On March 1, 1932, brothers Charles and Joseph Revson, along with chemist Charles Lachman, established a nail polish company they named Revlon. In his book Fire and Ice: The Story of Charles Revson – the Man Who Built the Revlon Empire (William Morrow and Company, 1976), Andrew Tobias chronicled the career of the man “who started with one bottle of nail polish and a fine ear for female fantasy and built an empire – The Revlon Company.

However, friction developed between Suzy and Charles Revson over her fee, and their relationship became strained. Suzy Parker recalled: "'As time went on it became really very funny. They did this particular Cleopatra ad and shot it with ten or twelve different black-haired girls, at great expense. It wasn't the photographer's fault; it was just that they couldn't choose the model. So they had to keep paying Avedon for the pictures. It was a disaster. Finally, at the last minute, they brought me in and put a black wig on me and they never let Revson know it was me in the ad. He never realized.' (He doubtless realized full well. Out of pride he may have pretended he didn't.)”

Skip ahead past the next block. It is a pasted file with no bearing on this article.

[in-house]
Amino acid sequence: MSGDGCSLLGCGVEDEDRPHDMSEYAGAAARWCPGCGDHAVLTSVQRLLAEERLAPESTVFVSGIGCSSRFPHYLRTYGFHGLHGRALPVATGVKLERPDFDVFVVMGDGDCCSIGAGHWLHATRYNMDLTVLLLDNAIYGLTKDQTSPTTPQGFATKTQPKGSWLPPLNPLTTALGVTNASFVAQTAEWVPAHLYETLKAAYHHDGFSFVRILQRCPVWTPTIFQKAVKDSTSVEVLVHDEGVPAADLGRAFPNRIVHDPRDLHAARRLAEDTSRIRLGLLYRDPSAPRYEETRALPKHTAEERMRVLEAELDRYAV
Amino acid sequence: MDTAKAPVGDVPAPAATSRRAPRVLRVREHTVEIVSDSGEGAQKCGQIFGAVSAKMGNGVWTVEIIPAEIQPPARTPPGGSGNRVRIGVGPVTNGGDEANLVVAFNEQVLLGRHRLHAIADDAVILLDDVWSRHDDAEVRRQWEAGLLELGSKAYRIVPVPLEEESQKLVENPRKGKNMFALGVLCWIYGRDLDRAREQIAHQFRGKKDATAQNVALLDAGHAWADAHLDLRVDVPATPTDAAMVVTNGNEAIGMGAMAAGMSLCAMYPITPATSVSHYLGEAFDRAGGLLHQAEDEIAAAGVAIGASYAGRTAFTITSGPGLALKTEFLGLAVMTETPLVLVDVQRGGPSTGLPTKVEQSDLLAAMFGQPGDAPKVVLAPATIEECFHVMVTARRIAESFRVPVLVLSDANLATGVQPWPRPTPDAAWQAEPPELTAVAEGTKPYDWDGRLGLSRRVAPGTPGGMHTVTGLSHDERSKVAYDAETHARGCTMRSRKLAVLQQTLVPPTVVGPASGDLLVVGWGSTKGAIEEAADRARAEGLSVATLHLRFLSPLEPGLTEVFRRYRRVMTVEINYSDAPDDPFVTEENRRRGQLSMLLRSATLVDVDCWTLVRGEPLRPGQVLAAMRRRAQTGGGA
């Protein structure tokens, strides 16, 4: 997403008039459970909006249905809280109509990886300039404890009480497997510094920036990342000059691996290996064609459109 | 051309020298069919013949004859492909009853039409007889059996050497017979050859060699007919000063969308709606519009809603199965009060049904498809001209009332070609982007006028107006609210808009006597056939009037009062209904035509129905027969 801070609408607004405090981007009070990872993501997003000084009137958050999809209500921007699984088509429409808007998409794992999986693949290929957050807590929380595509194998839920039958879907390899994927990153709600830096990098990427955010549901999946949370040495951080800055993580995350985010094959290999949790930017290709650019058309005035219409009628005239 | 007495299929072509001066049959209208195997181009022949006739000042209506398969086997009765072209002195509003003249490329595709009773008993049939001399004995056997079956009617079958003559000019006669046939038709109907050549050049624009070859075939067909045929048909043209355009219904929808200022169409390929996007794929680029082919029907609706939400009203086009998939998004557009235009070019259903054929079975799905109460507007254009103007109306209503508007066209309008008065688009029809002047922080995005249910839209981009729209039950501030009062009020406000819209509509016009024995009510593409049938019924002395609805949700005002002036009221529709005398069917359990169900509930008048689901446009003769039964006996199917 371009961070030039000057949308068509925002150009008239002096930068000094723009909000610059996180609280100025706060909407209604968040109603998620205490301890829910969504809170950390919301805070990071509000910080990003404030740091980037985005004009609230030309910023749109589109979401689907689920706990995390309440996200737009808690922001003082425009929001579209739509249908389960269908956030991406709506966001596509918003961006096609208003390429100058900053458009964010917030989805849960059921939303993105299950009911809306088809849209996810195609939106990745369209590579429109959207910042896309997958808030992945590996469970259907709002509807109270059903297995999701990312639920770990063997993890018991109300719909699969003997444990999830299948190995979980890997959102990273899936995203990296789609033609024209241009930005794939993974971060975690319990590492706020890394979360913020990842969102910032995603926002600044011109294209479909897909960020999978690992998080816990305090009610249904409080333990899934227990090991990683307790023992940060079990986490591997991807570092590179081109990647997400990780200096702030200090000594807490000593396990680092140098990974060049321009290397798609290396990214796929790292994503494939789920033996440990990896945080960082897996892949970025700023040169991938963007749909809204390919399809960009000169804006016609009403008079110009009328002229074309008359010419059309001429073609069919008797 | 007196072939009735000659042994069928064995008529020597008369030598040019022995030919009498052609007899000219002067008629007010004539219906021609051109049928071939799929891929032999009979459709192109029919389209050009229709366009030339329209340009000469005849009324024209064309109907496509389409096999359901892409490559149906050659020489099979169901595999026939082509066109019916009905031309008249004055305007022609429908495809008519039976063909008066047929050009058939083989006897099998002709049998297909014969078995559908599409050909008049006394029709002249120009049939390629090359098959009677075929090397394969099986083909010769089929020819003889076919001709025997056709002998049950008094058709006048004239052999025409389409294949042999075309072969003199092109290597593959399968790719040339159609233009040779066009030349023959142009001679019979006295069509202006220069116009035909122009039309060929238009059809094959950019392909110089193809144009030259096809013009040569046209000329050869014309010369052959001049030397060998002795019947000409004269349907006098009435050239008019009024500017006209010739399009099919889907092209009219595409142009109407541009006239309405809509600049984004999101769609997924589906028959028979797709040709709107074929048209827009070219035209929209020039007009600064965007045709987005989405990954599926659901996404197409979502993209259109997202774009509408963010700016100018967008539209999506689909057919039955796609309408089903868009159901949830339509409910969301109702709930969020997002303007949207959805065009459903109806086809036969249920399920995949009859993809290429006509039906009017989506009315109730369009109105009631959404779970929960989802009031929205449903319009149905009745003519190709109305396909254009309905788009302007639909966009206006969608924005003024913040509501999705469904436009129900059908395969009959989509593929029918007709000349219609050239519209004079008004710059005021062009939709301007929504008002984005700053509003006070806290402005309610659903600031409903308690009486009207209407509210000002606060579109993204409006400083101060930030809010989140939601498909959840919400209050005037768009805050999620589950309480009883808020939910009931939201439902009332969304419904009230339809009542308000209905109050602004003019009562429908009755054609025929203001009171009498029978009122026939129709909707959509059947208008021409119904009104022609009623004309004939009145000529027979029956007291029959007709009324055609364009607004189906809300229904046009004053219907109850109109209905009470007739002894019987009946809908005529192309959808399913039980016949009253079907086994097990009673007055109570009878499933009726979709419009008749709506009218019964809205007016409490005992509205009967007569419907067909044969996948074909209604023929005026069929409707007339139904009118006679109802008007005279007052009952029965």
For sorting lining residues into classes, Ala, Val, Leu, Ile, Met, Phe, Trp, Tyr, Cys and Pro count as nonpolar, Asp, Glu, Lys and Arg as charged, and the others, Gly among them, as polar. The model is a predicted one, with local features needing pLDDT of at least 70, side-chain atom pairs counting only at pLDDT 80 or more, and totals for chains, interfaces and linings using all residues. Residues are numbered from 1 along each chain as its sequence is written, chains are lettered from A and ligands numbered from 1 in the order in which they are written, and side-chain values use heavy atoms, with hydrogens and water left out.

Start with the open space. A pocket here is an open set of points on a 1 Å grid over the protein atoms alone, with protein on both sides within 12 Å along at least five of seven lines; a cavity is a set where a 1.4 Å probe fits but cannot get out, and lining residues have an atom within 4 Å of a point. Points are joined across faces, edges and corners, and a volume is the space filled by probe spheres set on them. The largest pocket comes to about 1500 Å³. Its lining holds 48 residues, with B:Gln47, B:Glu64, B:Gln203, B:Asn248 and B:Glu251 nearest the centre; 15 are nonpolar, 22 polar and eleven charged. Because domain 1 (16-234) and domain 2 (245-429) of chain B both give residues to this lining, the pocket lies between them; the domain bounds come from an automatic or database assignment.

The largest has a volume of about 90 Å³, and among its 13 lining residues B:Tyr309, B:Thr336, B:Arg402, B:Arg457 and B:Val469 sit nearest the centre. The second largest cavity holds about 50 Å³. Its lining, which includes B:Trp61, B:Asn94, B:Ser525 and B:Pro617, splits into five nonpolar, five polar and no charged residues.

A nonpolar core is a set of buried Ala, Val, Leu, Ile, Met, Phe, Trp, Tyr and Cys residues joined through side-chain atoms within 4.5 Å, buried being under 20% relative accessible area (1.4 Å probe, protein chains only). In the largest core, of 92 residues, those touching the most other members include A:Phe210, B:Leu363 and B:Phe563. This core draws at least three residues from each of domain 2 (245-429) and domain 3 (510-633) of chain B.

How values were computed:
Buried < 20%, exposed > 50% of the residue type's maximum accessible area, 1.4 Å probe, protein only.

1962 Photographer: Richard Avedon “Earlier she had done a similar last-minute bailout retake on Stormy Pink. 'We worked at night [double the fee] off Montauk Point, in the ocean, and I had to hold a stallion. We really did that. It was very dangerous because it was windy and the pebbles kept rolling out from underneath the horse's feet, and I'm trying to hold him down. We worked on

that for almost six hours in the middle of the night, in the middle of the ocean [well, not quite], and I was in a chiffon dress. I think the reason I was such a good model wasn't that I was such a particular beauty or anything, but that I was as strong as a horse. And that occasion pro